Sourced from Domaine De Fa’s estate Cru of Roche Guillon organically/biodynamically grown in Fleurie. Whole bunch fermentation of grapes grown on a soil mix of pink granite, sand, clay and limestone make for an interesting drink. Domaine de Fa Roche Guillon is showing dark and tight straight out of the bottle but with some air, it comes to life. Blueberry, grapefruit a hint of funk with some crunchy acid and some persistent tannins. Domaine de Fa Roche Guillon is really a wine to store and watch it evolve.
Because I know you want to drink some of your Domaine de Fa Roche Guillon now, I suggest decanting and serving with salumi, cheese and accompaniments.
Domaine de Fa Fleurie Roche Guillon 2016, and all wines are eligible for at least 5% off any six bottles. And 10% off any 12 bottles. Some wines will be at a more significant discount and not subject to further discounts.
When Brothers Maxime and Antoine Graillot purchase an Estate in Beaujolais, it is worth taking note. The Domaine de Fa estate has parcels in Côte de Besset, Saint Amour and fruit from Fleurie. Changes to the management of the Domaine de Fa vineyards include introducing Biodynamic viticulture. Vintage 2015 will see each Cru bottled individually. Maxime is also responsible for the immensely popular Crozes Hermitage and this wine carries on my love affair with his work.
Domaine de Fa Fleurie Roche Guillon 2016
“From Maxime and Antoine Graillot (sons of Crozes-Hermitage legend Alain Graillot), this cracking Fleurie is certified organic but farmed biodynamically from the Roche Guillon lieu dit. Great mouthfeel, packed with vibrant acidity, red cherry, mineral and undergrowth notes.”
Outside of Morgon, Fleurie appears to have the greatest concentration of good producers. And with particularly fine terroir, Fleurie is another great source of Cru Beaujolais. “Fleur,” of course, means “flower” in French, and indeed the wines of Fleurie are characterized by a distinct floral note – think violets.
Most famous for aromatic, light of body, high acid reds made from the Gamay variety. There is a Burgundian sensibility on Rhone soil types which makes for an exciting style. The quality wines are refreshingly tart with aromatic complexity and enough fruit weight to balance out the tartness. You do have the option of cellaring your quality Beaujolais, but often it is not required. The best wines are from the 10 Crus of the region with the lesser appellations being akin to an ocean in more ways than one. Whites from Chardonnay are available but hard to find.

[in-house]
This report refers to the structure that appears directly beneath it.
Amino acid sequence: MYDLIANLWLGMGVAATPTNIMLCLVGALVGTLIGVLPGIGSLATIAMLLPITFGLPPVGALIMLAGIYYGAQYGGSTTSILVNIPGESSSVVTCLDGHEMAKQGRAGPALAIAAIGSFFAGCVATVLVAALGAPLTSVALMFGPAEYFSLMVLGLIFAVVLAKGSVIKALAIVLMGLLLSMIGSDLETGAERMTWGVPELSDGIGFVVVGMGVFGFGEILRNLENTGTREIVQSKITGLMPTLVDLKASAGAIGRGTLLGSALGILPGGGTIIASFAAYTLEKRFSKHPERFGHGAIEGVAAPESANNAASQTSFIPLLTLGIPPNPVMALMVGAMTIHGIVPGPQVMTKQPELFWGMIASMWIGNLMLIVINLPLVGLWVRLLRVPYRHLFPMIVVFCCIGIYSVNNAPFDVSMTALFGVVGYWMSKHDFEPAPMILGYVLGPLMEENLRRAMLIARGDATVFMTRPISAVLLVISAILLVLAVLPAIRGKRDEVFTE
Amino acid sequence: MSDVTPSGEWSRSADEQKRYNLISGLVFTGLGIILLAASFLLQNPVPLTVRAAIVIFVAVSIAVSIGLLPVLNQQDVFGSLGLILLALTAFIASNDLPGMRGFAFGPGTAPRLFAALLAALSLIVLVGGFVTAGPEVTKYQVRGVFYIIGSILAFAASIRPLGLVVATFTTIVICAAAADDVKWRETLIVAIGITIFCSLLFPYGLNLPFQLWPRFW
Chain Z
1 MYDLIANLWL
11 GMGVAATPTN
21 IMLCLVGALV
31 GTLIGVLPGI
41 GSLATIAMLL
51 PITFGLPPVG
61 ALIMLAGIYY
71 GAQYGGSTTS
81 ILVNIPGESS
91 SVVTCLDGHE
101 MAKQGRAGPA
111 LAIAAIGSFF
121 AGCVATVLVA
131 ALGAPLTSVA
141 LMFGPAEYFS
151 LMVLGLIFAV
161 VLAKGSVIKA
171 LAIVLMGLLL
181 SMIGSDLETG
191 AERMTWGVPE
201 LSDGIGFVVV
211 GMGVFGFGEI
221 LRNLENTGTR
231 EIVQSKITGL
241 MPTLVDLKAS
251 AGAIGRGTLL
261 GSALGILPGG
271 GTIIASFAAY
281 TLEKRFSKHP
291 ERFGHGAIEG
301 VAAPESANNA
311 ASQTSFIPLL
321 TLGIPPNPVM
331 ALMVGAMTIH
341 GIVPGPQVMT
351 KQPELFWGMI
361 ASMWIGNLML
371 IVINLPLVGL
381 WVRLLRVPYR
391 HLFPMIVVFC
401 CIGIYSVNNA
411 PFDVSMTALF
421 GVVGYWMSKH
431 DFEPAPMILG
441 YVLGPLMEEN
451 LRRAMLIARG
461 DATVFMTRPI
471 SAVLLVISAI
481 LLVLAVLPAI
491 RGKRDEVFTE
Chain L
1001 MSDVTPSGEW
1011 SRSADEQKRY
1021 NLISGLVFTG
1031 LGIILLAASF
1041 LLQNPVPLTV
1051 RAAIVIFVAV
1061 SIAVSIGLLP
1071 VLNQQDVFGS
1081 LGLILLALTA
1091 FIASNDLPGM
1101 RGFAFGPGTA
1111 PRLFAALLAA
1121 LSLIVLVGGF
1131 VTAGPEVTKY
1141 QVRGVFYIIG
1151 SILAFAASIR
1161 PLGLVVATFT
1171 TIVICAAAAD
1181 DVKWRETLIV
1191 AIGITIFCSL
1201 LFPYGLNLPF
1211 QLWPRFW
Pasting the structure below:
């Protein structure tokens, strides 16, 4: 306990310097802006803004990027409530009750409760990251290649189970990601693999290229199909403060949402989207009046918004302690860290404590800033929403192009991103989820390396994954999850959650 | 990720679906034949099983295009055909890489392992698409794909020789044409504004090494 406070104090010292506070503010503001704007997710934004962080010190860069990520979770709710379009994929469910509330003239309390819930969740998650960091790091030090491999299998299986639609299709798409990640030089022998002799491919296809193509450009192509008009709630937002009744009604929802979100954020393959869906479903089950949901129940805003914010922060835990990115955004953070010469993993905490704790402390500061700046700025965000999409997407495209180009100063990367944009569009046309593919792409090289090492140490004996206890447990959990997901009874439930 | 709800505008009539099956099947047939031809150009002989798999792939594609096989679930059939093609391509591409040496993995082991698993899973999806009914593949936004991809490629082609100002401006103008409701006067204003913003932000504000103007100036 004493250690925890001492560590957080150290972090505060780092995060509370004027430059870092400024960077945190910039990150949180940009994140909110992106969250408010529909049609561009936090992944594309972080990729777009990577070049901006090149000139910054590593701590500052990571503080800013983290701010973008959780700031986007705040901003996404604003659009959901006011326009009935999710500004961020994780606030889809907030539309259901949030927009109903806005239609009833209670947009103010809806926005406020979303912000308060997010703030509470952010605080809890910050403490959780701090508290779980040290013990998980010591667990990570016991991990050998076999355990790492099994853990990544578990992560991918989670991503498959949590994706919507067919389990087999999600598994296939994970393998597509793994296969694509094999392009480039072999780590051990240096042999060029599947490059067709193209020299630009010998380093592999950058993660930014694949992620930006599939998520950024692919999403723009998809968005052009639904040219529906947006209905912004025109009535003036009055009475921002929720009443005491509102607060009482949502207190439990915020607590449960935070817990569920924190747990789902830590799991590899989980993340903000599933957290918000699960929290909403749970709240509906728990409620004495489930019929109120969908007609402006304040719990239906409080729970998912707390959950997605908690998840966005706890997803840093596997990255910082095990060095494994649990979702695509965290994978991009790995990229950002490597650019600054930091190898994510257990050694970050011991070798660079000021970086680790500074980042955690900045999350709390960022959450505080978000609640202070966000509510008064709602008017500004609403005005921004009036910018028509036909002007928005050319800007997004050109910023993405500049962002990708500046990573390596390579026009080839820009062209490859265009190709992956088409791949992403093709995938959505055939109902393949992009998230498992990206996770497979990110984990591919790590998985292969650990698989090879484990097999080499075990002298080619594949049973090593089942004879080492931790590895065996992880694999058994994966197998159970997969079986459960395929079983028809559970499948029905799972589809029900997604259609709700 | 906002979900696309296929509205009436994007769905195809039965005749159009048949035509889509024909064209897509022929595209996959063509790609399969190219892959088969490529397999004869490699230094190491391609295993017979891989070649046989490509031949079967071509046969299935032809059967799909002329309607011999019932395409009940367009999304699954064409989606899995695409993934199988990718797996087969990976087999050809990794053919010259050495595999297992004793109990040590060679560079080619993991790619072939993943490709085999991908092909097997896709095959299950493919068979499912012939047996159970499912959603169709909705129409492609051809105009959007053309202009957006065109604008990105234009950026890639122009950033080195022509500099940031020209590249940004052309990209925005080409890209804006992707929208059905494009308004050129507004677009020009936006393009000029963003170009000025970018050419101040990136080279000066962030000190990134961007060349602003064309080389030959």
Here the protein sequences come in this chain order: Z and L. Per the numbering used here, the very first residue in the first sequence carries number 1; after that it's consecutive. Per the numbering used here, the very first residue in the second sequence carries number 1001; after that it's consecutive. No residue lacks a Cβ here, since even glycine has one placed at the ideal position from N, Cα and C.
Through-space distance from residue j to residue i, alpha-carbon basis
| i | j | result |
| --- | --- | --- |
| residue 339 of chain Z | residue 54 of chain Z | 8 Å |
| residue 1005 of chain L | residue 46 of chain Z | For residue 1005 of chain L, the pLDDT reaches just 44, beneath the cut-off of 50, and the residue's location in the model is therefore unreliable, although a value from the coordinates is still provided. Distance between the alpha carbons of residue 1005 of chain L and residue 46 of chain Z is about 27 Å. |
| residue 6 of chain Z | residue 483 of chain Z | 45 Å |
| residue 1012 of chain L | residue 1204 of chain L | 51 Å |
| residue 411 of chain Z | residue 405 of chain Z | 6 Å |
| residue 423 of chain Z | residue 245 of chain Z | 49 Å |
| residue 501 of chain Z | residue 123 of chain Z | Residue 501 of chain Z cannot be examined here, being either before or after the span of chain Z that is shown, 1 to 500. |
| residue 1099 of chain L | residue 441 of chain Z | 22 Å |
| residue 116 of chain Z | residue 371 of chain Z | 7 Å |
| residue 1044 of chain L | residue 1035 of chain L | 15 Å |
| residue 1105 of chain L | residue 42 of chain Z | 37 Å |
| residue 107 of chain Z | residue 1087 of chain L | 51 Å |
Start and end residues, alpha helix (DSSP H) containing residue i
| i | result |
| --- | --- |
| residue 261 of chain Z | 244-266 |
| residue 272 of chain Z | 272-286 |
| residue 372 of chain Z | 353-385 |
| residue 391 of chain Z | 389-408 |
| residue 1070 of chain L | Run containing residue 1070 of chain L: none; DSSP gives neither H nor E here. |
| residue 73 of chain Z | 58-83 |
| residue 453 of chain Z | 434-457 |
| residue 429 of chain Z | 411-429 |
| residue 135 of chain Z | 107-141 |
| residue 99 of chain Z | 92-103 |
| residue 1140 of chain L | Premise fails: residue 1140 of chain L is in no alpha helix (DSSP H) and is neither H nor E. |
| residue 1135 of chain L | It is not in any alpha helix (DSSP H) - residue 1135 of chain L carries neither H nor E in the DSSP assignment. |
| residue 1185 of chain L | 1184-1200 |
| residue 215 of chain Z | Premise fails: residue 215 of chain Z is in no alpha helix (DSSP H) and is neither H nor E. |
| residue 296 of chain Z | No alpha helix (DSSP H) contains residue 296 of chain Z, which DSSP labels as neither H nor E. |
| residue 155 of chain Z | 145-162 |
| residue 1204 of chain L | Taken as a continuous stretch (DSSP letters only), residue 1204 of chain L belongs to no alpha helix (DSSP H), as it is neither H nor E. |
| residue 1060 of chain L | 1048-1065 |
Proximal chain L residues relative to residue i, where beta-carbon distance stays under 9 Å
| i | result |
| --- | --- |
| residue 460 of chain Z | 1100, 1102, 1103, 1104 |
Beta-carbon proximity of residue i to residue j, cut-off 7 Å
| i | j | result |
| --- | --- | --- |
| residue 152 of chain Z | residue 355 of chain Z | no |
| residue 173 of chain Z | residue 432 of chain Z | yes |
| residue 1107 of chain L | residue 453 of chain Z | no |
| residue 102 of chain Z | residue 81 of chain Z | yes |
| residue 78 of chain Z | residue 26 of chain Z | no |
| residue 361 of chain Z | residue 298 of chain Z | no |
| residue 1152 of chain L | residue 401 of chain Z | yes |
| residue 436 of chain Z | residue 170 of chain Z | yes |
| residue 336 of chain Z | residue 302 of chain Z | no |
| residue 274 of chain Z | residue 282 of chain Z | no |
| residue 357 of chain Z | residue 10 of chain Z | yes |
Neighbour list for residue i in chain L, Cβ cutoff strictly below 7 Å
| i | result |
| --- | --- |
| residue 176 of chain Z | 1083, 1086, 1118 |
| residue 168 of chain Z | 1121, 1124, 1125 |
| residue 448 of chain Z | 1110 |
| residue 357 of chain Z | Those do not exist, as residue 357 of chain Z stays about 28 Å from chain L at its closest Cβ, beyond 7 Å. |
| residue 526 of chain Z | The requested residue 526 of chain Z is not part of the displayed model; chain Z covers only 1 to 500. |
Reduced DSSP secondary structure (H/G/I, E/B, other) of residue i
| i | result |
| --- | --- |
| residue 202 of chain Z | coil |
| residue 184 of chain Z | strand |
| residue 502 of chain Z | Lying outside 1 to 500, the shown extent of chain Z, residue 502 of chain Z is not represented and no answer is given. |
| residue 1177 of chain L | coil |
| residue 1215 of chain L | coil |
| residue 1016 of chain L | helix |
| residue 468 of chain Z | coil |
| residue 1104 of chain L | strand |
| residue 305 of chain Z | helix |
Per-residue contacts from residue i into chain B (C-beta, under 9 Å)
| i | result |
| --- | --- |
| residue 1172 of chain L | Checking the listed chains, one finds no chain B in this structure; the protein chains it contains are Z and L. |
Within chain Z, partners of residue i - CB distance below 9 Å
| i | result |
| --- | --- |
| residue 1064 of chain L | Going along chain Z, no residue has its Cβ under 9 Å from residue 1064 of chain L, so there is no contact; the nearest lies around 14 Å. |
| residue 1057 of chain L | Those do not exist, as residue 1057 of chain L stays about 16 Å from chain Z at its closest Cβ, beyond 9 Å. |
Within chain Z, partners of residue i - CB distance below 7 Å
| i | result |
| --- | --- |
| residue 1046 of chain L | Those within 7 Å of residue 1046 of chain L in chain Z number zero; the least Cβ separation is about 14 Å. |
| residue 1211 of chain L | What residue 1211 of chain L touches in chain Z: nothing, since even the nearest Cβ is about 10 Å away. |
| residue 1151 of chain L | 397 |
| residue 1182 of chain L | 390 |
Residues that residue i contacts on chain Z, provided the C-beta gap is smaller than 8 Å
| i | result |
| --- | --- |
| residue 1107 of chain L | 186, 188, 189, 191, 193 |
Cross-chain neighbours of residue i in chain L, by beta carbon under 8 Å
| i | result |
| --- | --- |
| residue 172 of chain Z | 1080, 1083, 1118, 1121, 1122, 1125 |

Grown in the French regions of Beaujolais and Loire Valley. It is early budding, high cropping, aromatic and high acid. It was outlawed from Burgundy by Duke Philippe the Bold for being disloyal. But has no doubt made up for that with honourable service. The best wines from Gamay can be Burgundian in flavour and well worth seeking out. Often they are exceptionally good value too.
The land that so many New World (not European) wine producers look to emulate. To generalise about French wine, I would say it is savoury, lighter-bodied wines. They are the definition of elegant, complex. There are many styles, though. And there is a French wine for every palate. They lead the world in Pinot Noir and Chardonnay in Burgundy. Sparkling Wine in Champagne. Cabernet and Merlot in Bordeaux. Syrah(Shiraz) and Grenache in the Rhone Valley. Riesling, Gewurztraminer, and Pinot Gris in Alsace. Sauvignon Blanc, and Chenin Blanc in the Loire Valley. Gamay in Beaujolais.
Wine is the result you get from fermented grape juice. There is proof of wine production dating back 8000 years ago. Fashions, innovations and many other factors have influenced the way wine has evolved over the years.
The wine grape is special. It contains everything you need to make grape wine except for the yeast, which lives on the outside of the skins.
Human inputs can influence the final product, including the viticulture (growing) choices. And the winemaker can shape the wine to a point too.
The best wines of the world often refer to terroir. Terroir is a French term that refers to all the climatic, geological and topographical influences on a specific piece of land. And it is true that neighbouring vineyards, grown identically, can taste noticeably different.
Fun fact; most of the colour for wines comes from the skins. There are only a handful of grapes that have red juice. Alicante is the most well known of these grapes.
By macerating the juice on the skins, the wine gains tannins, and flavours. Certain compounds change the chemistry of the wine too.
Red wines tend to have higher alcohol. More tannin and more oak flavours compared to other styles of wine. But the thousands of grapes and terroirs they grow in influence this.
The Wine Depository
I, Phil, have been running The Wine Depository since 2011. The Wine Depository exists to make sure you are drinking the good wines. You can browse and pick what is interesting to you. Or you can make contact with me. I’ll make sure you get what you want, to your palate, to your budget and to your door.